For decades, Americans have identified health care reform as a national priority. Two years ago, President Obama worked with Congress to pass a landmark overhaul, something numerous other Presidents had tried and failed to do.
But has a major accomplishment become a major political liability for 2012?
Not surprisingly, the political outcomes are as complicated as the issue and the law itself — it depends on what information is presented to voters, who’s presenting it, and who those voters are. And with the recent embrace of the word “Obamacare” by the Obama campaign directly, it looks like the messaging is shifting — not to mention the fact that the Supreme Court can disrupt everything by declaring part or all of the law is unconstitutional. But as of now, here’s where the politics stand.
First of all, the issue cuts much harder for Republicans in a political sense. Pollsters TPM spoke with defined it as a issue that fuses the GOP together, just when the party needs to coalesce. After a fractious presidential primary process, which has seen the intramural battles rage between the establishment-moderate-electable choice in former Massachusetts Gov. Mitt Romney and a chorus of other Republican candidates that fought for the mantle as the “true conservative” in the race, it’s the issue that combines both moderate and right wing Republicans.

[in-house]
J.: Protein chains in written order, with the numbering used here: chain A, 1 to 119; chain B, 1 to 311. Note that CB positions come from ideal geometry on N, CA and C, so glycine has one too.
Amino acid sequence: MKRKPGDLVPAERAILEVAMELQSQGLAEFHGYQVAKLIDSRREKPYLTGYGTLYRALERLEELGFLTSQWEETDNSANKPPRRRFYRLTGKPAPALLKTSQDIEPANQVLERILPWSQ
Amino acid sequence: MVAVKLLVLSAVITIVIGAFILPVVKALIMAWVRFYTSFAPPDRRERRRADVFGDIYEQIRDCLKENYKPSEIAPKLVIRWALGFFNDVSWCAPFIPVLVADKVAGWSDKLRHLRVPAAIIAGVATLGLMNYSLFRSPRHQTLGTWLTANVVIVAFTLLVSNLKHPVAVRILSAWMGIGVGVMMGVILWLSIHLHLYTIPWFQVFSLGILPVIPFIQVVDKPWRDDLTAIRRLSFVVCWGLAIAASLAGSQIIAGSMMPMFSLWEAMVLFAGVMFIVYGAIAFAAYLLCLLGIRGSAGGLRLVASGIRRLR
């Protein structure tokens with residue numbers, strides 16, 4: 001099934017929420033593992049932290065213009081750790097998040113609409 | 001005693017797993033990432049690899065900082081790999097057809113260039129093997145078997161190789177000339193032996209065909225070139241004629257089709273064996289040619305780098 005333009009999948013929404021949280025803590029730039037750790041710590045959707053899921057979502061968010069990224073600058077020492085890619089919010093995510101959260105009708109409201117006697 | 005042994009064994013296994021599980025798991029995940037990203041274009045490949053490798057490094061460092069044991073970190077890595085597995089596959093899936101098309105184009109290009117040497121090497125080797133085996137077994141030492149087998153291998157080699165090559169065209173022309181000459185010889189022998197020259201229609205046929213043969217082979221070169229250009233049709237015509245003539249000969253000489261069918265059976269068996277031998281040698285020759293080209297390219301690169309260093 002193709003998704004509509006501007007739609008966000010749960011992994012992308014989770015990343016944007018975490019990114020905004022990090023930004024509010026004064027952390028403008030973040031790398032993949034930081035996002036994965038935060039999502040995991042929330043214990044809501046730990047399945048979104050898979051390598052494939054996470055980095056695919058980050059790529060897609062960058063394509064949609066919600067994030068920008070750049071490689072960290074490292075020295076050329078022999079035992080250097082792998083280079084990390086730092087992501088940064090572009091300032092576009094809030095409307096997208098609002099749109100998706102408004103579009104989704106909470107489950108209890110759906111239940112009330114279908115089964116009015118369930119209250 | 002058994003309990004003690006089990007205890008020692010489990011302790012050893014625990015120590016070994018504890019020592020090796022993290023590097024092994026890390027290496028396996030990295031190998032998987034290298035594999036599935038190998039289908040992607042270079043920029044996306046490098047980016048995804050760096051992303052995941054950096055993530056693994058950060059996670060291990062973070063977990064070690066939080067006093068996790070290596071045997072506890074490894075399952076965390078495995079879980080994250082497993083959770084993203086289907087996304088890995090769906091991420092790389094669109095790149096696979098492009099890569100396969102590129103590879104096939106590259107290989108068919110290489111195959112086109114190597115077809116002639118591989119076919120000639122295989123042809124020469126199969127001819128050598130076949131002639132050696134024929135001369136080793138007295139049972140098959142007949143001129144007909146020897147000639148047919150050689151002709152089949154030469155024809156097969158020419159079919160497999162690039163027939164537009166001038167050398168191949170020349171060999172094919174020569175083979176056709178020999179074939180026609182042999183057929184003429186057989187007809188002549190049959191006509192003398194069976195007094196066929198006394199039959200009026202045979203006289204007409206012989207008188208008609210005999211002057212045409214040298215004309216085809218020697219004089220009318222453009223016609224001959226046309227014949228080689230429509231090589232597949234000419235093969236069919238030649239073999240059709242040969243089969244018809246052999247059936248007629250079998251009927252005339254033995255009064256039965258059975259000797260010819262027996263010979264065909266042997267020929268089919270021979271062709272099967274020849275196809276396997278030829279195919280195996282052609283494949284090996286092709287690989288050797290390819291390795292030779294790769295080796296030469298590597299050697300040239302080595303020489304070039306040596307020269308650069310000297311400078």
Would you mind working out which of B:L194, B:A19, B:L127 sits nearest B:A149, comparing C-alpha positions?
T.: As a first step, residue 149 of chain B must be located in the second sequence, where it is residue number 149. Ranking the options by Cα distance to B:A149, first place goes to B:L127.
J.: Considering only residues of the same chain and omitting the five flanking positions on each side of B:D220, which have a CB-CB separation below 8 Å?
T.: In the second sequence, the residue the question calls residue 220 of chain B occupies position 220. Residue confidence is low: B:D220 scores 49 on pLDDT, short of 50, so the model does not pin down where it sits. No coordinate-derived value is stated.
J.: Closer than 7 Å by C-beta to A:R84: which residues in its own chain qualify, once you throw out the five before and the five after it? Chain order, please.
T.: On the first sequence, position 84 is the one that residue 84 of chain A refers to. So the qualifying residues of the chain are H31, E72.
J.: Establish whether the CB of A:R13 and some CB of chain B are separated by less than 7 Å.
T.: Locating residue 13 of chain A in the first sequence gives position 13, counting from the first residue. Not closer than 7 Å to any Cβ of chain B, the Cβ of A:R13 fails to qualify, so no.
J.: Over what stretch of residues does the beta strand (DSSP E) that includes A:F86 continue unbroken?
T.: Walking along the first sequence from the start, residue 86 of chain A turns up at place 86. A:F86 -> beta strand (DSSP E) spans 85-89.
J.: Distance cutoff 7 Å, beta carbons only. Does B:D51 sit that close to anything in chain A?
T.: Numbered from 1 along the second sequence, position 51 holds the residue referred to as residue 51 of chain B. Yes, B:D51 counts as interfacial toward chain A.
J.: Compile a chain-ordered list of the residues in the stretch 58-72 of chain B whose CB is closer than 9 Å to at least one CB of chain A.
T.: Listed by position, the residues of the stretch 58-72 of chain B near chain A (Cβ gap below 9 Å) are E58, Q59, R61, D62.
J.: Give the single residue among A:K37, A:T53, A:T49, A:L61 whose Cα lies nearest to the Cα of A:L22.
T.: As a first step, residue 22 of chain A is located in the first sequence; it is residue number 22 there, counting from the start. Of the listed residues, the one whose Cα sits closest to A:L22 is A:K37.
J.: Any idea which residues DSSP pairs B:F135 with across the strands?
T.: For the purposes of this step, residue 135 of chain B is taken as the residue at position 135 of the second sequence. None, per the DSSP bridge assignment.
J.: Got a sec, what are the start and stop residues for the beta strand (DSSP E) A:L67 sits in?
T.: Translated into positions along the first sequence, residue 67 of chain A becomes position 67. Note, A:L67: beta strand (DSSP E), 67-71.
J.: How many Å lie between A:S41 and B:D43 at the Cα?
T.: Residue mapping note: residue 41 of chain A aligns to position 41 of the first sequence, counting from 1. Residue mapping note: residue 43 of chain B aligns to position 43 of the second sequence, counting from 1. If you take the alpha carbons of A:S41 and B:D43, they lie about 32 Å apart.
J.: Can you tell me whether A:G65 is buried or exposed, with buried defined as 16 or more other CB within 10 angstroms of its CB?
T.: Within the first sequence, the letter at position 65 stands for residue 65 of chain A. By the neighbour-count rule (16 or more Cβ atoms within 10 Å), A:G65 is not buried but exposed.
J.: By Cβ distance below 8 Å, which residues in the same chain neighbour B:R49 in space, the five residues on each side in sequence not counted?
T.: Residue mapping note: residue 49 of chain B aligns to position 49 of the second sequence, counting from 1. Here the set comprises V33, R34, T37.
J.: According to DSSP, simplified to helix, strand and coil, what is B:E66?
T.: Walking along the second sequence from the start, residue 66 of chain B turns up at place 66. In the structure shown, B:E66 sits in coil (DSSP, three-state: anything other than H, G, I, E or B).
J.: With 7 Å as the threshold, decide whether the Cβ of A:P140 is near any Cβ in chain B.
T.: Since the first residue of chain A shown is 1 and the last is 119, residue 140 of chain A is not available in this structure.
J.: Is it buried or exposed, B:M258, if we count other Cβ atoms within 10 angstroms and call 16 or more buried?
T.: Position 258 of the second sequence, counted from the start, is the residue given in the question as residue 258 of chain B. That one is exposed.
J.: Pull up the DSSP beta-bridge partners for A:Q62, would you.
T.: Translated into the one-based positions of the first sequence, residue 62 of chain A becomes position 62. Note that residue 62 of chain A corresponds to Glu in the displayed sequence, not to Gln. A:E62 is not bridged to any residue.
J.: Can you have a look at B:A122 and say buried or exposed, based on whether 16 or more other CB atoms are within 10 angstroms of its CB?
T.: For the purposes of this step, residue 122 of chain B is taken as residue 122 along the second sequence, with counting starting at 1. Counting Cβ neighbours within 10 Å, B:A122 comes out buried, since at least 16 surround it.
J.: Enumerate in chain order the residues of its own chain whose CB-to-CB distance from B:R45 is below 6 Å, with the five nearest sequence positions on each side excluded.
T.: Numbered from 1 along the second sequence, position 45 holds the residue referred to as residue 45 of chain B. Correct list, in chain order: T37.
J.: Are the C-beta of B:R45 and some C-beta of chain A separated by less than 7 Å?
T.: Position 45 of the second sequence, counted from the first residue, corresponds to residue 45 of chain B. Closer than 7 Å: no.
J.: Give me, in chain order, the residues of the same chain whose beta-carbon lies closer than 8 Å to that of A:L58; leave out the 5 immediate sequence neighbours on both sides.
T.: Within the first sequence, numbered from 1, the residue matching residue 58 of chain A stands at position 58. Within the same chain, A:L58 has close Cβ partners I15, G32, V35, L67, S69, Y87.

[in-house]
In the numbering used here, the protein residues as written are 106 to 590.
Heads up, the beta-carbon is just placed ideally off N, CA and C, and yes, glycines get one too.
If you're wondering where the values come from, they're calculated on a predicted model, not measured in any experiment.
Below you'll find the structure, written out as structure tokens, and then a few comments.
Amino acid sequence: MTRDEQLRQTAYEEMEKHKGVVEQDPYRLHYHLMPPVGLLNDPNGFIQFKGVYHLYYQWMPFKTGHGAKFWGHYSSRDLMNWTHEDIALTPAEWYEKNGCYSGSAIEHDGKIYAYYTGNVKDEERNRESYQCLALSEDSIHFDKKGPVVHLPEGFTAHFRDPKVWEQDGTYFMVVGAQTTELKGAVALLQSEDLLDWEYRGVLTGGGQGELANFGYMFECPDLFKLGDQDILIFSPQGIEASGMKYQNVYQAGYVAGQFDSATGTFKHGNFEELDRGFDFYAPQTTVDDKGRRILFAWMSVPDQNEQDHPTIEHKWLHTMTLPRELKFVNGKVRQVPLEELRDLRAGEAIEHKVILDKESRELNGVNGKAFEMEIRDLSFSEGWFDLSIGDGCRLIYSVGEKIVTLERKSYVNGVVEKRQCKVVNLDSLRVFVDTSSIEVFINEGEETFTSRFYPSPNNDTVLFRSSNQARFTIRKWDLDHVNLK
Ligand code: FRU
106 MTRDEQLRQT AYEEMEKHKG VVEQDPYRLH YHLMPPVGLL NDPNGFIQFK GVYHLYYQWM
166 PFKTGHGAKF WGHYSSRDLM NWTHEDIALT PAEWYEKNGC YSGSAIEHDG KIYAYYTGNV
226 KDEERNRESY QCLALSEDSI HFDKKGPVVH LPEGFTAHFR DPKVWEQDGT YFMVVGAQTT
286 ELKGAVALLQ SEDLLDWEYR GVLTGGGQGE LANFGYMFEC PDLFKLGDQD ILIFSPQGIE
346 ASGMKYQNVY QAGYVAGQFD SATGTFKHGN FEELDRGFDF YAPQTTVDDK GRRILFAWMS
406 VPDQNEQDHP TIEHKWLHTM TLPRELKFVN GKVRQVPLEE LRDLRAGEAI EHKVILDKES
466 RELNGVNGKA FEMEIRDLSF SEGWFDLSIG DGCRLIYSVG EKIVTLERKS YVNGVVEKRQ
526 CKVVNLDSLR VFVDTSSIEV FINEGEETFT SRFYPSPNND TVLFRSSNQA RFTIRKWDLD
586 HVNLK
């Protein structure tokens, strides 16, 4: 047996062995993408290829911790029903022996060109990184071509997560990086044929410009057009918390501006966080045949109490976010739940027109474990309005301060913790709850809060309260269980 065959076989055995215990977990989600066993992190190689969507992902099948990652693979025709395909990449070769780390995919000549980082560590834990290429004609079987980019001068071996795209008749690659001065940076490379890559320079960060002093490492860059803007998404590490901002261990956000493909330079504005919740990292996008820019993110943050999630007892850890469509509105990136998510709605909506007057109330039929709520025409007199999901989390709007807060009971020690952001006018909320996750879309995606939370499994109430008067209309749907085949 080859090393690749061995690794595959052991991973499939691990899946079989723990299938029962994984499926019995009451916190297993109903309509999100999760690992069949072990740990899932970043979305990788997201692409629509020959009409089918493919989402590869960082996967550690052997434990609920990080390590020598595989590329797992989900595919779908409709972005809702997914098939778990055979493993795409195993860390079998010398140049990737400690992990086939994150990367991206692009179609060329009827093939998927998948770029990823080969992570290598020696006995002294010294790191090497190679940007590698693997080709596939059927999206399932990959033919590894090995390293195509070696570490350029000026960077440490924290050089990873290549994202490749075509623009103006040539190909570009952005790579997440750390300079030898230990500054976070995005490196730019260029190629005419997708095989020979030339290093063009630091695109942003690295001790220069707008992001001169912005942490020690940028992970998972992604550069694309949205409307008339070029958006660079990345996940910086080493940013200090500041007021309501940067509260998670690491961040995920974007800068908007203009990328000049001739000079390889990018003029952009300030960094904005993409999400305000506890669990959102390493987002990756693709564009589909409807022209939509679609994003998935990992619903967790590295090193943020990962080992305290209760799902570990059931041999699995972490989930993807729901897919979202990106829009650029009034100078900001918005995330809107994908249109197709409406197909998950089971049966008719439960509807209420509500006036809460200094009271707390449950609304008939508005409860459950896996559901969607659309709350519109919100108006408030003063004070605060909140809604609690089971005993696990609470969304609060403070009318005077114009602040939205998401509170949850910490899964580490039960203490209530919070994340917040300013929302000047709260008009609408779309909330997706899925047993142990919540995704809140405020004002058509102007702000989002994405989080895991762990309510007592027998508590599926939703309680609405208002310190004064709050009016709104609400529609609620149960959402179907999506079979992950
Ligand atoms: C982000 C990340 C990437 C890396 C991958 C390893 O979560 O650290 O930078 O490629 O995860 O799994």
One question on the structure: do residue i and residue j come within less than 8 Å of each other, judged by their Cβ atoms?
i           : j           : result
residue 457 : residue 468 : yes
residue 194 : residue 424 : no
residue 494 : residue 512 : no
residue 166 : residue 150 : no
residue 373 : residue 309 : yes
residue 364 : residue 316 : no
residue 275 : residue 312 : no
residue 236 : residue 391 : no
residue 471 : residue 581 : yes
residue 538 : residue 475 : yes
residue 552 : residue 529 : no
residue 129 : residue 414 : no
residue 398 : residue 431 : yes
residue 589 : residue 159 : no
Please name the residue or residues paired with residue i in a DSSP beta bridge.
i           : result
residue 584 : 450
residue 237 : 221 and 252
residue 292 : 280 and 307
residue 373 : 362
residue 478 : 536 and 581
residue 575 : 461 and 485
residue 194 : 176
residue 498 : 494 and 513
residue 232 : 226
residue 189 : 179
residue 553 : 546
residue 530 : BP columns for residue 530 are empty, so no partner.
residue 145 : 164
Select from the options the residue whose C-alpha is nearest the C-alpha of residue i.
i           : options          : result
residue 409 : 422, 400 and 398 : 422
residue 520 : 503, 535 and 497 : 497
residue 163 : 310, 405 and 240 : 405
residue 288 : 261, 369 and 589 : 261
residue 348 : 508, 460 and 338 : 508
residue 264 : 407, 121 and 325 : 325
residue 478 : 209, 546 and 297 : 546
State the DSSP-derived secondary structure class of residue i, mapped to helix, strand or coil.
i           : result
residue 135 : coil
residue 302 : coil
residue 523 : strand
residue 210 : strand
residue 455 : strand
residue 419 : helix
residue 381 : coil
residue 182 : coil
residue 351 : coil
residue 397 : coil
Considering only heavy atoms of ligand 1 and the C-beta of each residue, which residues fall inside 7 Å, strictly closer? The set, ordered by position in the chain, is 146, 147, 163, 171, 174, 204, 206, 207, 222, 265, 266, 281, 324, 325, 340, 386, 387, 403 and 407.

“This is base unifying issue for Republicans,” said Bruce Haynes, a founding partner of Purple Strategies and a veteran of GOP campaigns. “Inside heath care reform is every good dog whistle issue for the Republican Party. It’s deficits, taxes, spending, even religious freedom. Every issue you could find inside a Republican Party platform is contained inside health care reform.”
That’s good for Republicans in two ways. Yes, it helps to put the party back together. But further in 2012, it can help motivate the GOP base in an election that may hinge on both sides getting their people to the polls, unlike 2008, which was a change election. If the contest comes down to the traditional battle between two massive presidential campaigns and a billion dollars in negative ads funded by super PACs, some pollers argue voters in the middle may tune out, at which point it’s a race to see who can turn out their base. And if Republicans aren’t excited about their nominee then the anti-health care reform message becomes even more important.